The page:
Bucharest

Known for its wide, tree-lined boulevards, glorious Belle Époque buildings and a great reputation for the high life (which in the 1900s earned its nickname of “Little Paris”), Bucharest, Romania’s largest city and capital, is today a bustling metropolis which features a surprising mix of cultural influences, offering excellent relaxation opportunities and enriching experiences for the business or simply inquisitive traveler.

The Romanian legend has it that the city of Bucharest was founded on the banks of the Dambovita River by a shepherd named Bucur, whose name literary means “joy.” His flute playing reportedly dazzled the people and his hearty wine from nearby vineyards endeared him to the local traders, who gave his name to the place.

Bucharest is the Romanian Capital situated on the banks of the Dambovita River, which flows into the Arges River, a tributary of the Danube. Several lakes of which the most important are Lake Herăstrău, Lake Floreasca, Lake Tei, and Lake Colentina stretch across the city of Bucharest, along the Colentina River, a tributary of the Dâmbovita. In addition, in the center of Bucharest there is Lake Cismigiu, a small artificial lake, surrounded by the Cismigiu Gardens. The name, Cismigiu, comes from the Turkish cismea, meaning “public fountain.” The Cismigiu Gardens have a rich history, being frequented by famous poets and writers. Opened in 1847 and based on the plans of German architect, the Cismigiu Gardens are currently the main recreational facility in the Bucharest center. More than 30,000 trees and plants were brought to the Cismigiu Gardens from the Romanian mountains, while exotic plants were imported from the botanical gardens in Vienna.

Besides Cismigiu park, Bucharest contains several other large parks and gardens, including Herastrau Park and the Botanical Garden. Herăstrău is a large public park located in the north of Bucharest, around Lake Herăstrău, and the site of the Village Museum, while the Bucharest’s botanical garden is the largest in Romania and contains over 10,000 species of plants, many of them exotic; it was once a pleasure park for the royal family.

Bucharest is situated in the south eastern corner of the Romanian Plain, in an area once covered by the Vlasiei forest, which, after it was cleared, gave way to a fertile flatland. Bucharest is traditionally considered to have seven hills. The city of Bucharest has a total area of 226 square km. The altitude varies from 55.8 meters at the Dâmbovita bridge in south-eastern Bucharest and 91.5 meters at the Militari church. The city of Bucharest has a relatively round shape, with the center situated approximately in the cross-way of the main north-south/east-west axes at the University Square. Bucharest’s radius, from University Square to the city limits in all directions, varies from about 10 to 12 km. Until recently, the regions surrounding Bucharest were largely rural, but after 1989, new suburbs started to be built around Bucharest, in the surrounding Ilfov county. Further urban consolidation is expected to take place from 2006, when the Bucharest metropolitan area was formed, which will incorporate various communes and the cities of Ilfov and surrounding counties.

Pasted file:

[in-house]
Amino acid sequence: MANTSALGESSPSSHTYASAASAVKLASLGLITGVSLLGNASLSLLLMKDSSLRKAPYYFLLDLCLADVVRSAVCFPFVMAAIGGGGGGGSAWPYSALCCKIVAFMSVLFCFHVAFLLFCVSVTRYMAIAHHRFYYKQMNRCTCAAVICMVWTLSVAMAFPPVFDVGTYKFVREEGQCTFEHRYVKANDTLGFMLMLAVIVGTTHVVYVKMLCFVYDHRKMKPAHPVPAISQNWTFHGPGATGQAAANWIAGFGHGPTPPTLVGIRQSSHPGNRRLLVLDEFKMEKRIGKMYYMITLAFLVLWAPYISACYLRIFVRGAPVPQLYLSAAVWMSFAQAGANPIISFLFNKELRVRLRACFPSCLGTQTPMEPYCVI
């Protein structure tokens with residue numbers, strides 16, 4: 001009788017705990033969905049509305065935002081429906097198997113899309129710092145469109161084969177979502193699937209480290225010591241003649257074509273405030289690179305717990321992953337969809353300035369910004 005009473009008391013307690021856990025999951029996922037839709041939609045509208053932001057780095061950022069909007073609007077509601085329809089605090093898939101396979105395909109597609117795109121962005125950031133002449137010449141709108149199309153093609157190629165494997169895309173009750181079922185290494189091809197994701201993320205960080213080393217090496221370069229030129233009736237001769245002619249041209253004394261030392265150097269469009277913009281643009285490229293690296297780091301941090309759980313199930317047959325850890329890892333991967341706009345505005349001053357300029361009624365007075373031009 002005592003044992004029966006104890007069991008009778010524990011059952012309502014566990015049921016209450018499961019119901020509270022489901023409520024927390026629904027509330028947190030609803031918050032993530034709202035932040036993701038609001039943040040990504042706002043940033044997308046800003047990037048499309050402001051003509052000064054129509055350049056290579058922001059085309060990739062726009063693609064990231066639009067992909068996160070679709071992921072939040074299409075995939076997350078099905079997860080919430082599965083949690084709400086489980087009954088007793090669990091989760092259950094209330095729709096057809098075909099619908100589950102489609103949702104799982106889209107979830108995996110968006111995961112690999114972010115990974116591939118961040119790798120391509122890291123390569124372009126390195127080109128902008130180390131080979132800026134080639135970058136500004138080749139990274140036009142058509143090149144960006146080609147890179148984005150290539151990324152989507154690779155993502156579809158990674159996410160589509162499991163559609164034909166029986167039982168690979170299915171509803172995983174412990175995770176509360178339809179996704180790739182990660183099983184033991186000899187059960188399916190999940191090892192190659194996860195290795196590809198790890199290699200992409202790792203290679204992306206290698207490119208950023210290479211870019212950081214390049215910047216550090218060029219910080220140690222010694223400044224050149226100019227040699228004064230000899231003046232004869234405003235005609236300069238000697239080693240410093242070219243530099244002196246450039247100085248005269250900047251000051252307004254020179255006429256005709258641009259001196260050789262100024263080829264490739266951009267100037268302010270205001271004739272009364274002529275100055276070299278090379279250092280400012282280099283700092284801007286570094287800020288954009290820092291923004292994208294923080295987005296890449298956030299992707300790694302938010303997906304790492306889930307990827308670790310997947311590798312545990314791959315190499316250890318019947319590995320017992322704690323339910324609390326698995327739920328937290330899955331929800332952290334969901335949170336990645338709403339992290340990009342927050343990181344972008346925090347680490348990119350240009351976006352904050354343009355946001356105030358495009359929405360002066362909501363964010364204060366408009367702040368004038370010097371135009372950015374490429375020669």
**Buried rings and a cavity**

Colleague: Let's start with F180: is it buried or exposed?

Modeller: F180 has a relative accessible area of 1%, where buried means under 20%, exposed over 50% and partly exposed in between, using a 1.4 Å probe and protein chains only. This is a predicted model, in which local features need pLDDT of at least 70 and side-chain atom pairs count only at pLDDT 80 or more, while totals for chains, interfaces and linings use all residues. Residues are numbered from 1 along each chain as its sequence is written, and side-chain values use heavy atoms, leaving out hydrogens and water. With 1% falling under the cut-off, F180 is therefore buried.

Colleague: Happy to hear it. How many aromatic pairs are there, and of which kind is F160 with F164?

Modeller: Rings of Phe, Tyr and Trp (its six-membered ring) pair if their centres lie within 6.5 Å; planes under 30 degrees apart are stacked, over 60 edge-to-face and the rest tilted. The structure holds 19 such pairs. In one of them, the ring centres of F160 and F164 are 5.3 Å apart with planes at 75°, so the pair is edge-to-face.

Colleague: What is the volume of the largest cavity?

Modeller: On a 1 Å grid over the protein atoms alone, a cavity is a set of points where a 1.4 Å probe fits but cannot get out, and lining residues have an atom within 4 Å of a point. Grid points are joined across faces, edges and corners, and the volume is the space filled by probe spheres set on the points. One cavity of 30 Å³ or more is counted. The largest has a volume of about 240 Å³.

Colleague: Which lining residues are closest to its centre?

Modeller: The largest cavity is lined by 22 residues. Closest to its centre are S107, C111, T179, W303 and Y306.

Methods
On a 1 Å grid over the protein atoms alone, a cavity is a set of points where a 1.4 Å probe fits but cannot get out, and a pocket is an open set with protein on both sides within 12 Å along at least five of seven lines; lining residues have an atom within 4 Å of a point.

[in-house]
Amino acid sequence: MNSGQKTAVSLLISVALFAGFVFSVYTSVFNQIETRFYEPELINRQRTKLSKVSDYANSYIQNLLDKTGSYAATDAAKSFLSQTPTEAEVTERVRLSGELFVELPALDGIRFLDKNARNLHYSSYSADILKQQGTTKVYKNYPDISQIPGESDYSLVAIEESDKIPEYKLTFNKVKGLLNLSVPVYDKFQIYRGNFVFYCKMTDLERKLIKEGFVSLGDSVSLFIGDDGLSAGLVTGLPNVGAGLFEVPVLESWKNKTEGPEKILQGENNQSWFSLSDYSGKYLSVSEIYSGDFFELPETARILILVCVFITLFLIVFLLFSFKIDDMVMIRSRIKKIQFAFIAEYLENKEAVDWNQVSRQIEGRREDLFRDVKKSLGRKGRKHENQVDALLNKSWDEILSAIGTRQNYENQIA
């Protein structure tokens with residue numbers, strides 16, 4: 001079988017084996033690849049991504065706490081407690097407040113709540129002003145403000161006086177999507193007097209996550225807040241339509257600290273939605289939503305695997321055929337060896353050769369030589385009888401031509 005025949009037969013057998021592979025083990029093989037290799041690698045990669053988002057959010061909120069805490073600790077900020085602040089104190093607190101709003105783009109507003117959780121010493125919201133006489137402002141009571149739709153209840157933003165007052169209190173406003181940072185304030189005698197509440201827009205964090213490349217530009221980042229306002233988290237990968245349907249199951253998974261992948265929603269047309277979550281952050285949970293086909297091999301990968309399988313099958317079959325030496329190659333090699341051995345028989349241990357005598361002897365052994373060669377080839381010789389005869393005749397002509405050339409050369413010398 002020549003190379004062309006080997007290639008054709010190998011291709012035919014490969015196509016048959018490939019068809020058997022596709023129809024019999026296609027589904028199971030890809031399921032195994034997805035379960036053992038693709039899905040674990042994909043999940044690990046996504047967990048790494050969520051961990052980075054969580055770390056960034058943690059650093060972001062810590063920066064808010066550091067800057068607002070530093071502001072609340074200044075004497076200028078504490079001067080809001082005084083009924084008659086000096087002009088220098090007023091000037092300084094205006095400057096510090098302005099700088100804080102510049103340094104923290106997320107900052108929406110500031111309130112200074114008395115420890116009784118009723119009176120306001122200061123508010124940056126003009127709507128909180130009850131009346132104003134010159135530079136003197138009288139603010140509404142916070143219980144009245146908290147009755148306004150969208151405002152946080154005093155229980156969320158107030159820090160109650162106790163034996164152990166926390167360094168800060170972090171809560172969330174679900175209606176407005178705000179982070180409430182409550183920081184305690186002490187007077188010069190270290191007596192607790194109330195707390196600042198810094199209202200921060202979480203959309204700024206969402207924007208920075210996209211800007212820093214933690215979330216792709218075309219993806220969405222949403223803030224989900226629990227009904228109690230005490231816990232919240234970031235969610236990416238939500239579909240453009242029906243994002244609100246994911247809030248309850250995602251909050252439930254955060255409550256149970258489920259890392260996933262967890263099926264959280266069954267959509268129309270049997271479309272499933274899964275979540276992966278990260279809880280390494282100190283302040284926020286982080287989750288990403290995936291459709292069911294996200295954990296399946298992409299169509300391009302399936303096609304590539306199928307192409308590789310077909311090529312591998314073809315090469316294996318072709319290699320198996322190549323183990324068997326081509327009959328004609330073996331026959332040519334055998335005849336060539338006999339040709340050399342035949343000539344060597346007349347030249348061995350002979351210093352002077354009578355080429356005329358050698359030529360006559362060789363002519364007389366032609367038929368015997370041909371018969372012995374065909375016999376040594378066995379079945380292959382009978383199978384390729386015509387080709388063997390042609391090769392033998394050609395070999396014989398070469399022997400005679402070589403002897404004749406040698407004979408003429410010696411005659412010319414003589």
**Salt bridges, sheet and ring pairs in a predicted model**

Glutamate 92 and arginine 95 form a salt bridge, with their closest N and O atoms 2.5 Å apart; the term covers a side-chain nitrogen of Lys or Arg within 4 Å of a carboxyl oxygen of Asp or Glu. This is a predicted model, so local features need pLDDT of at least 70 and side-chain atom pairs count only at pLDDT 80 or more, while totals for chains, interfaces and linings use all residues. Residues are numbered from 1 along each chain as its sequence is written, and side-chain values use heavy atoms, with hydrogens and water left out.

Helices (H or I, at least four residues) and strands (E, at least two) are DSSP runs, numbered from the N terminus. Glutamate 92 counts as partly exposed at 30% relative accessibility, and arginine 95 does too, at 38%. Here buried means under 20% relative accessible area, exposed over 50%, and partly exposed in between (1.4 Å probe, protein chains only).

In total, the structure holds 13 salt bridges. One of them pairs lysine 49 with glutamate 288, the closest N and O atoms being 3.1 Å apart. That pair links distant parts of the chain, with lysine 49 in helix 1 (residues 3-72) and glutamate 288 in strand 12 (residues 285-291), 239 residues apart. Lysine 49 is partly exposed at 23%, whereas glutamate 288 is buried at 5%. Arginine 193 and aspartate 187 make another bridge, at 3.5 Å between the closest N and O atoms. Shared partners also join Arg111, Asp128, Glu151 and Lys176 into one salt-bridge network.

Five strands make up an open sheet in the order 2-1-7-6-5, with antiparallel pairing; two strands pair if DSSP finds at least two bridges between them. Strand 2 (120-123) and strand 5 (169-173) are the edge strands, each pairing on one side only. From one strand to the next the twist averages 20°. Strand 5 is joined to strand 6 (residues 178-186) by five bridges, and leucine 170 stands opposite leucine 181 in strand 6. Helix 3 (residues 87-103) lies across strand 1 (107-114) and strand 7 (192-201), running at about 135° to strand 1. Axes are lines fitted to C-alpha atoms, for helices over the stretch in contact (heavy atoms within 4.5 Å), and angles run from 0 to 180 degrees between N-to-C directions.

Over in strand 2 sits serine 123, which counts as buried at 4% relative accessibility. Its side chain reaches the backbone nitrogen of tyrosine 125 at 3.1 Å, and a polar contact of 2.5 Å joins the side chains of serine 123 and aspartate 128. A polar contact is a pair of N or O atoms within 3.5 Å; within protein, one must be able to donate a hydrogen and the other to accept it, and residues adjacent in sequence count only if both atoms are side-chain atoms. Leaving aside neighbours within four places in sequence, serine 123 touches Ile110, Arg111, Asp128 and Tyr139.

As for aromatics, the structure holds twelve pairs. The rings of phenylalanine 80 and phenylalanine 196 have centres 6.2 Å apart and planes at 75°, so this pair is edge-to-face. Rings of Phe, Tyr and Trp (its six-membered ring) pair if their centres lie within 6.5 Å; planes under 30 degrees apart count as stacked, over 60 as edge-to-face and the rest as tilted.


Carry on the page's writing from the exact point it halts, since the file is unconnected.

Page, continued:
Athenaeum

The edifice of Athenaeum, completed in 1888 in neoclassical style was initiative of group of Romanian intellectuals. The Athenaeum became the symbol of Bucharest, being a place of music and the residence of the “George Enescu” Philharmonic. Inside the Athenaeum, with its exceptional acoustics, the world’s greatest musicians, such as Yehundi Menuhin, Zubin Mehta, Ion Voicu, Sergiu Celigidache and Madrigal Choir have performed. At the Athenaeum the “George Enescu International Festival and Competition” is held.

House of the Free Press (Casa Presei Libere)

An impressive edifice standing somewhat menacingly at the entrance to the capital, Casa Scanteii (as it is still universally known) was designed by architect Horia Maicu and completed in 1956, one year after the strikingly similar Palace of Science and Culture in Warsaw, Poland. Originally housing almost all of the capital’s printing presses and newsrooms, it, today, carries out much the same function, with the addition of the Bucharest Stock Exchange in the southern wing.